Notes on Techniques
All the formal insect images on this site have been produced using a stereo microscope with a camera lucida attached. Freehand drawing is not permitted, as the image has to be measurably accurate. The camera lucida uses a system of prisms, lenses and a mirror to allow the artist to see a shadowy image of the pencil and paper at the same time as he or she is looking down the microscope at the specimen. Light levels on the specimen and paper have to be carefully balanced and detail is often hard to discern with the device engaged. The outline and major features are traced using the camera lucida. Then the outline of the body is traced again onto tracing paper and lined up to compensate for angle distortions and twisting of the specimen. Legs and antennae are drawn in last. Often the specimen must be viewed at many different angles to see all the segments of the appendages so they can be reconstructed as they might appear in life. In a formal taxonomic drawing no foreshortening of legs is permitted, as the relative lengths of the various segments must be shown accurately.
Once the outline has been lined up, it is transferred to the drawing surface. The black and white drawings are done using white scraperboard or sometimes, clay-coated paper, which can also be scraped, once. Scraperboard has a sprayed-on white clay surface, which can be scraped many times. The outline is firstly inked in and any darker areas are mapped out before painting them black with ink. The edges of the painted areas are then densely stippled with a pen to blend in with the lighter areas, where shading is also rendered using stippled dots put on with a technical pen. Once the black painted areas are dry they can be scraped white again in little dots, patches and sometimes lines to blend the shading with the stippled areas. This blending of stippling and scraping can produce a very realistic, almost photographic effect. In darker insects it is possible to render nearly all the shading and highlights using a scraper on a painted ink surface. All the work is done by hand.
Geoff has combined his insect drawing skills with his self-taught watercolour technique to produce coloured illustrations that he does in his own time at home. He works on stretched, hot-pressed paper using traditional transparent watercolour except for a final use of white in hairs and sometimes a few highlights. Most of the painting is done using the white of the paper alone to give the shade of colour and highlights required. Geoff prefers this traditional technique, which tends to have more sparkle and charm, to the use of gouache.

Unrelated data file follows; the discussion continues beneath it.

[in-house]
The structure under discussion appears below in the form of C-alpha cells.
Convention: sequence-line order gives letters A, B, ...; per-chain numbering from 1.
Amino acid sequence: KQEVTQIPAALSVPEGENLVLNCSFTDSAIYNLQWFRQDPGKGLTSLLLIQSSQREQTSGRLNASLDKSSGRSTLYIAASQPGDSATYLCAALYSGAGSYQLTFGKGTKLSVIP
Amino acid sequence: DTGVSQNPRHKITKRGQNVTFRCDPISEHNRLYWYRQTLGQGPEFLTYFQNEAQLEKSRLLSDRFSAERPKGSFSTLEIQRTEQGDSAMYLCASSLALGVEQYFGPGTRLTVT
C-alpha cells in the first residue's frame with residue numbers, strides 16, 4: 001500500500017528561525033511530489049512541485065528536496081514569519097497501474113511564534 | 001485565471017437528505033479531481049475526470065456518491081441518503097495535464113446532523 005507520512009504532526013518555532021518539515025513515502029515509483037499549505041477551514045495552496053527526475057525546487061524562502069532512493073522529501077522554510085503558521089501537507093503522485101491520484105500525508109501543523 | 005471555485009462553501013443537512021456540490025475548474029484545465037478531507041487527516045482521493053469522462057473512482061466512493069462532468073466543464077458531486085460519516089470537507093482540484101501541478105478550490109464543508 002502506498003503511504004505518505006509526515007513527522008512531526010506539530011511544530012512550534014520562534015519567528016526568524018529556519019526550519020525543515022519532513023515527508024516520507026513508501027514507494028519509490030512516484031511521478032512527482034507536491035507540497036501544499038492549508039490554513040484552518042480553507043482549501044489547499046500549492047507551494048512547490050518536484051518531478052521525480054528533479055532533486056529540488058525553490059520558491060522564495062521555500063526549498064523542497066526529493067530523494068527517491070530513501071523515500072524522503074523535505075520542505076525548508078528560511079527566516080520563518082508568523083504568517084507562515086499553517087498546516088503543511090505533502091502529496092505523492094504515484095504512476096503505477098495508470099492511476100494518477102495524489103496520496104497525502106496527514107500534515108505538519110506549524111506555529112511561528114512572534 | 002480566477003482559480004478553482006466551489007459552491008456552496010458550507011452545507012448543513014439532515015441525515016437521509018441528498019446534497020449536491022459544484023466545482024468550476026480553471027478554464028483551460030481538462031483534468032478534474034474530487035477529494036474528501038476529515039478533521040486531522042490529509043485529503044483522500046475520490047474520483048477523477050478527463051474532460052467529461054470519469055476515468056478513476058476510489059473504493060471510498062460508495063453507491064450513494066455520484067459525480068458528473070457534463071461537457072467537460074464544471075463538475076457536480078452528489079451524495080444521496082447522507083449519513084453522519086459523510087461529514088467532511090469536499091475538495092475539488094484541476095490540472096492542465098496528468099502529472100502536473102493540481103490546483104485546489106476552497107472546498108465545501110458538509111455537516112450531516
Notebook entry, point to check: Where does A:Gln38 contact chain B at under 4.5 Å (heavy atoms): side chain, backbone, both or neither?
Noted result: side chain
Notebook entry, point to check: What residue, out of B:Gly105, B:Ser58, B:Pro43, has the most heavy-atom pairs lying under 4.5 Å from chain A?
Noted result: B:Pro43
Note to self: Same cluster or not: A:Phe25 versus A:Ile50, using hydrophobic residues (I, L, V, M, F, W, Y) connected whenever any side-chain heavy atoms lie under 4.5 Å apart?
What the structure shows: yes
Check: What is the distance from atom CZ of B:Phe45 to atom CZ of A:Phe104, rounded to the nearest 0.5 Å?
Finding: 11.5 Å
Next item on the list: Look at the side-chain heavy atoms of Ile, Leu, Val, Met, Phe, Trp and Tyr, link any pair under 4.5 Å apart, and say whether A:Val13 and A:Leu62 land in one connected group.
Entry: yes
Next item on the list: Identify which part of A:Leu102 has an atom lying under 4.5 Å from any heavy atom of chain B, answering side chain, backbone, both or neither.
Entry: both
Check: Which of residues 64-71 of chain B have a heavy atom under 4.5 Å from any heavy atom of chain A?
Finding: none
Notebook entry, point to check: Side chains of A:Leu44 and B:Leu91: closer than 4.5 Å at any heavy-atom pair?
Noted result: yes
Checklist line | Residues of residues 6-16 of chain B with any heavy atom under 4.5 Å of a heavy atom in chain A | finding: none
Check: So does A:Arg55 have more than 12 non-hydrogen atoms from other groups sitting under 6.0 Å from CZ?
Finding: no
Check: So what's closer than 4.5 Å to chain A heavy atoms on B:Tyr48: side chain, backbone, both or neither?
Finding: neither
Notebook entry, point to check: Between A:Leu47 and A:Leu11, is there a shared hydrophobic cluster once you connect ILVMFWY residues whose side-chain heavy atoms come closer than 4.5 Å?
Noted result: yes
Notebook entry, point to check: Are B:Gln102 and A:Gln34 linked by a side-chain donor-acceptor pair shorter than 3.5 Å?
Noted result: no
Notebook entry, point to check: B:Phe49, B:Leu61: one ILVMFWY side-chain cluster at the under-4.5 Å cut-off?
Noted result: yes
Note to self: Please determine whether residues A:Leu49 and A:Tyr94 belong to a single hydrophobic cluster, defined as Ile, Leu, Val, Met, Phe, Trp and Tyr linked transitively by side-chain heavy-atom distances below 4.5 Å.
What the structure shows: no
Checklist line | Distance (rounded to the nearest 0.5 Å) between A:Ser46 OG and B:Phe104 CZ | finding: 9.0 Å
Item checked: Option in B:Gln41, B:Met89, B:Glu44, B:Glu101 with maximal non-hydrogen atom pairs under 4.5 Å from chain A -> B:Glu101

At one time Geoff also experimented with combinations of ink and stippling with bright watercolour. Once again no gouache was used though sometimes the colour is strong and even. These images though containing some realistically painted objects allowed some use of false colour and fantasy.
Since 1998 Geoff has been learning etching, an intaglio print making technique. This basically involves coating a zinc or copper plate with a resistant waxy layer, called a ground and scratching an image using a needle. Then acid is used to eat away at the bare metal exposed by the needle to create grooves and pits in the surface of the metal. The ground is removed with turpentine, the edges of the plate are filed smooth and ink is forced into the grooves and pits. The excess is wiped off with bits of old telephone book and the plate is placed on a paper registration sheet on the h eavy, flat, metal bed of a press. A sheet of dampened paper is placed over the plate, using marks on the registration sheet as a positioning guide and then this is covered with an extra layer of paper and felt blankets. The whole thing is then rolled through the upper and lower rollers of the press, set to apply an even pressure as it passes through. The paper is forced down into the grooves and pits transferring the image to its surface. Refinements like aquatint, to produce an even tone and multi-coloured inking are also used.
The black and white drawings are generally designed to be photographically reduced before being reproduced in a book or journal. The Kakadu drawings of magnetic termites and a red meat ant are an exception as they were designed for an outside exhibit sign. The artist generally has no control over the level of reduction so drawings need to be clear and crisp. By contrast the watercolours and etchings are designed to be seen as works of art on the wall but will normally also reproduce well when reduced.
Major black and white drawings usually take Geoff between 20 and 40 hours of work. Watercolour works can take between 20 to 100 hours depending on the complexity of the subject. The main image copper plate for the coloured cornelian butterfly etching took five solid weekends and many late nights to produce. Printing each copy takes nearly an hour and adding extra hand colouring takes another hour and a half.